Home' On The Land : October 6th 2011 Contents www.standard.net.au
THURSDAY, October 6, 2011 ON THE LAND -- 5
WOOL growers could expect
movement in the market within
the next two months, Michell
commercial group chief execu-
tive Steven Read told a Werribee
seminar last week.
Mr Read told the Mackinnon
Project seminar there was
negligible wool inventory in the
industry at any stage.
"The feedback from the fashion
shows in the last couple of weeks
has been very positive for wool,"
Mr Read said.
"However, no one has actu-
ally started placing orders yet,
the market has been sliding,
the currency has been sliding,
everybody's waiting," he said.
"One of two things has to hap-
pen, either people start turning
off factories and they are not
doing it that we are seeing, or
they have to enter the market and
start to buy some inventory.
"That will have to happen in
the near term, you can't process
Mr Read said wool stocks in
the processing pipeline were
expected to last perhaps another
60 to 80 days.
"I think once the market
starts to move up everybody
will say they have missed the
"No one likes to buy on a
falling market and that's what
we have seen in wool since the
season opened," he said.
"The minute it turns and
people get confidence, I'm sure
they (the buyers) will come back
"Buyers are trying to gauge
how much the market might fall
before it turns," Mr Read said.
The likely price change in the
market when buyers return will
depend on how quickly competi-
tion comes to push values up, he
"One thing for sure (is) there
isn't a huge amount of wool
around, so if people have to catch
up on orders and rebuild stocks
they had three months ago it will
put pressure on the market."
Mr Read said there was "not
a chance" that wool prices
would start lower when buyers
re-entered the market.
"They will come in on the mar-
ket on the day, they will work on
today's price for wool and today's
currency and they will buy.
"If two people do that, what is
tomorrow's price? If three do it,
that's how a market lifts."
Some Italian weavers had been
operating in the market recently,
but there was minority of mills
that had started to build inven-
tory for this year's collections,
"The majority will be holding
Mr Read said he was more
optimistic than pessimistic about
wool's market prospects.
"Unless we start to see produc-
tion at the factories start to back
right off and we haven't seen that
"The nub of it is everybody is
sitting on the sidelines waiting,
growers are putting their wool
up to be sold in an unstable
market with a falling currency
and some buyers are holding
back and watching the market
Mr Read said increasing
amounts of wool were being
passed at Australian auctions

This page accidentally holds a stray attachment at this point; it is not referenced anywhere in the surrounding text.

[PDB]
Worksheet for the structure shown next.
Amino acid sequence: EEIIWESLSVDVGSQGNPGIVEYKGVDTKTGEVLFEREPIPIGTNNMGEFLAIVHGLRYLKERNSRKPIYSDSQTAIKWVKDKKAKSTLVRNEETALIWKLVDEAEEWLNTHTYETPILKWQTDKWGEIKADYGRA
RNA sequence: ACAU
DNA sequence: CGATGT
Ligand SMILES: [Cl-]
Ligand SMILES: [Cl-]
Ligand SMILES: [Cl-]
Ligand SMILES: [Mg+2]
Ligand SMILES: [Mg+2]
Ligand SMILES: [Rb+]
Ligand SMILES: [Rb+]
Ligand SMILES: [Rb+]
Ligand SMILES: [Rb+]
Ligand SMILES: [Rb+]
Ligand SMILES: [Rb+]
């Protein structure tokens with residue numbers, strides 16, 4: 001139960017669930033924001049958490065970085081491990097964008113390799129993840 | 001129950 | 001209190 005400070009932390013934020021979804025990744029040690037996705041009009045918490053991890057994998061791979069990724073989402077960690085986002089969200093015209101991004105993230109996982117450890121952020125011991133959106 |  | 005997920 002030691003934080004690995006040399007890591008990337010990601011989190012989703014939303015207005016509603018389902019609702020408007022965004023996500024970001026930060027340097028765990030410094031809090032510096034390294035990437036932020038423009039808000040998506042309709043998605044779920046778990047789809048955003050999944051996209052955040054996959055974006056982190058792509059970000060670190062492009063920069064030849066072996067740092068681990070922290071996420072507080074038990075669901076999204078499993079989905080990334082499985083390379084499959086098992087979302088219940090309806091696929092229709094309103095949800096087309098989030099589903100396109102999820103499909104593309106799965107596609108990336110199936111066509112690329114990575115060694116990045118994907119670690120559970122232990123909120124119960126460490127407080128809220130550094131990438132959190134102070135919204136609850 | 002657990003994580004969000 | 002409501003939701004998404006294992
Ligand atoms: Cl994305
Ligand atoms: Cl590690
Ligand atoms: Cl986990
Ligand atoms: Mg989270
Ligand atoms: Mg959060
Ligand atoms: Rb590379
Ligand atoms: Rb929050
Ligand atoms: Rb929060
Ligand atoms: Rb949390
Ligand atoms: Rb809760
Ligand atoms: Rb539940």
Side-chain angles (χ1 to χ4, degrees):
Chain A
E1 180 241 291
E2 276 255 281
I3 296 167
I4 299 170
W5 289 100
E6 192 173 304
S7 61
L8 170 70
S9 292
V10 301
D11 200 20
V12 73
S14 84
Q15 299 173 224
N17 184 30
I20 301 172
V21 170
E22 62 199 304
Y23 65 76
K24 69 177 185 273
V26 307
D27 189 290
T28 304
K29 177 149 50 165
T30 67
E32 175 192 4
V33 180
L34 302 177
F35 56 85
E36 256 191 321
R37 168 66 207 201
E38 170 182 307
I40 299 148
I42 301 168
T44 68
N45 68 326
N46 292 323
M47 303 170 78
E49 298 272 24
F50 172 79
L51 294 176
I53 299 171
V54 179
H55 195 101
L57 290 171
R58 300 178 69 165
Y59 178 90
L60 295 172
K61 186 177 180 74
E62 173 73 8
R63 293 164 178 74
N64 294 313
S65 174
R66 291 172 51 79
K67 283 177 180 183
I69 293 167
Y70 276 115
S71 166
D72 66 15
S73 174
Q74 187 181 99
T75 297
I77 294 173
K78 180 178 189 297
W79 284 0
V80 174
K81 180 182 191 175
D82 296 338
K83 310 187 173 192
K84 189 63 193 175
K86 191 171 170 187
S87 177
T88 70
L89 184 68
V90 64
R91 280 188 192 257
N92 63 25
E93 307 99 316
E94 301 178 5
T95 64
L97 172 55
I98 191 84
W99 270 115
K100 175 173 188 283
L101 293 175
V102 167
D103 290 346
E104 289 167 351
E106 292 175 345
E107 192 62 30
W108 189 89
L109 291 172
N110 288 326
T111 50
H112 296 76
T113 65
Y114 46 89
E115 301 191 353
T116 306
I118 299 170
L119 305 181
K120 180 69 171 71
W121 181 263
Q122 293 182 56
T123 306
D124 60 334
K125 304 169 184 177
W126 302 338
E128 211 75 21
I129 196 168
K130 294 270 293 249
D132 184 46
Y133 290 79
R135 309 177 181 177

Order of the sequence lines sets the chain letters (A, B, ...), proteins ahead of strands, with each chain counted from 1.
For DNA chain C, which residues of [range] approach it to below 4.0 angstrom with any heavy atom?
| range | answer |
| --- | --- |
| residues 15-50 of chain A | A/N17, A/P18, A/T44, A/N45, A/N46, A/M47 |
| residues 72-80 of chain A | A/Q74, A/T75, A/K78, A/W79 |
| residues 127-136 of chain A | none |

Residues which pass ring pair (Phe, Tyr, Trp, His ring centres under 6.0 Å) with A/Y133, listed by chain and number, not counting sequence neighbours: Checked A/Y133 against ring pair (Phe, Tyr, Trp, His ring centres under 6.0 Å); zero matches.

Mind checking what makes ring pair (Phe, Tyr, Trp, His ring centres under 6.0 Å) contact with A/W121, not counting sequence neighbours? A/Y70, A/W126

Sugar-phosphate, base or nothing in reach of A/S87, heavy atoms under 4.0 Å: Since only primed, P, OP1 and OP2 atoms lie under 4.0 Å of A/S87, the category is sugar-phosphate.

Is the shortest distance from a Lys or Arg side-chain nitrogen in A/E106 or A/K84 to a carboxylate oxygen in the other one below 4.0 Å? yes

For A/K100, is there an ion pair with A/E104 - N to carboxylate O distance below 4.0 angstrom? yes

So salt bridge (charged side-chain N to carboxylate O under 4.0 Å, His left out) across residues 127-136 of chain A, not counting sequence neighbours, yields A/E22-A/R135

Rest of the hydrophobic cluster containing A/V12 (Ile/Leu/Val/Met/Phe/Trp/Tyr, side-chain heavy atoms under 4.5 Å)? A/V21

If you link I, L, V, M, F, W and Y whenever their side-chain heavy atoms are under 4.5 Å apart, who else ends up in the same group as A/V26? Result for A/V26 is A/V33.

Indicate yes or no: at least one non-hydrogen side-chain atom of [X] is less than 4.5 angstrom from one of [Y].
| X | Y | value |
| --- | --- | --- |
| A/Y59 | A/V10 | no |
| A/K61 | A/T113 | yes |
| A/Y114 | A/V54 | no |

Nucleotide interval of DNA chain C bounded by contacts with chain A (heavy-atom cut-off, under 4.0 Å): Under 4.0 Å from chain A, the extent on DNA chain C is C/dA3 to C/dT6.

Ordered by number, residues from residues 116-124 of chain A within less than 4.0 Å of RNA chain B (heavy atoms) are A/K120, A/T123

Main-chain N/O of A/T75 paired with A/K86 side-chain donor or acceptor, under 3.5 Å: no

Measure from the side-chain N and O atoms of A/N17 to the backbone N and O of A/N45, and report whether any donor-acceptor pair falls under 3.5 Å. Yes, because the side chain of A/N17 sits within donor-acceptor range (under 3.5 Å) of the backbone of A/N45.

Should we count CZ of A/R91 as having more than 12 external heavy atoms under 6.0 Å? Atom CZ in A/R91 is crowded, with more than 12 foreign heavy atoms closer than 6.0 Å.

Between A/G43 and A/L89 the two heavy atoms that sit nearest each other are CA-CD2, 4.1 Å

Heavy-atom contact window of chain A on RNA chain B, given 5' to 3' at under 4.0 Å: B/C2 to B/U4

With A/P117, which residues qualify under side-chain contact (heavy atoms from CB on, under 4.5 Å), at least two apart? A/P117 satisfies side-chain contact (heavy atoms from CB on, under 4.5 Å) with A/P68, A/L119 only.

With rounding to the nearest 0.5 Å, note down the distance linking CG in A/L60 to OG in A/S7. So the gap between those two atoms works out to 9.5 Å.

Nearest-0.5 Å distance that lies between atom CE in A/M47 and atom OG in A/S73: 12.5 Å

and clips were being withdrawn
from catalogues for December or
"This stand-off between the
market and buyers is primed
for the next four to five weeks."
However, Mr Read said with
the supply chain being "so
close" volatility in prices would
continue over the long term given
the state of global economies and
He was amazed that Australian
woolgrowers were not doing risk
management to forward sell even
a portion of their wool clip, but
were doing it for grain.
"The forward selling opportu-
nities for wool in the last eight
months have been fantastic.
"The only way to deal with the
volatility is to do some risk man-
agement," Mr Reid said. FAIRFAX
Wool prices set to increase
The top-priced $900 ram with buyers Rob and Georgie Greig (left and right) and
stud principals Esther and James Glasgow.
111003SH19 Picture: STEVE HYNES
ESTJAM Poll Dorset Stud achieved a
good result at its inaugural on-property
ram sale on Monday, clearing 30 of
the 38 offered for an average price
Stud principals James and Esther
Glasgow saw their top ram bring $900.
Buyers Rob and Georgie Greig, of Eulo,
Caramut, also paid $850 for another
"We've been buying Estjam rams for
about 10 years and we know what we
Mr Greig praised the efforts of the
23 and 25-year-old principals who have
built up the stud from scratch, starting
when they were 8 and 10-years-old.
"It's just what the industry needs ---
some young, enthusiastic people who
can bring some new ideas."
The sale offering included autumn
and spring 2010 rams, all grass-fed
and ready to work under commercial
The volume buyer was Josh Eats of
Coleraine, who bought eight rams.
Mr Glasgow said the result was very
encouraging, showing that buyers held
the stud's rams in high regard.
The sale was conducted by Landmark,
under the steerage of 21-year-old Blair
O'Toole from Landmark Warrnambool,
with Miles Pfitzner of Landmark
Hamilton as auctioneer.
Top ram fetches $900
for Estjam stud at sale
Stockscan figures available ABC Score 4
Andrew Bell sowed 40 ha of UltraFeed at
his Kawalla property in Mockinya.
"Ultra Feed's rapid growth and the
production of abundant quality feed at a
time when other pastures are struggling
means we can fatten and finish our weaned
calves for market without feeding out any
grain. The vealers we grazed on Ultra Feed
topped the local market at sale this year."
The new summer feed option
for the Wimmera
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FOR MORE INFO:
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"the vealers we grazed
on Ultra Feed topped the local
market at sale this year"
MATURITY (flowering date)
SPEED TO FIRST GRAZING
TOTAL DRY MATTER YIELD
SORGHUM X SUDAN GRASS
VIGOROUS AND LEAFY
VERY HIGH OVER NUMEROUS GRAZES
VERY HIGH. VERY FINE STEMS.
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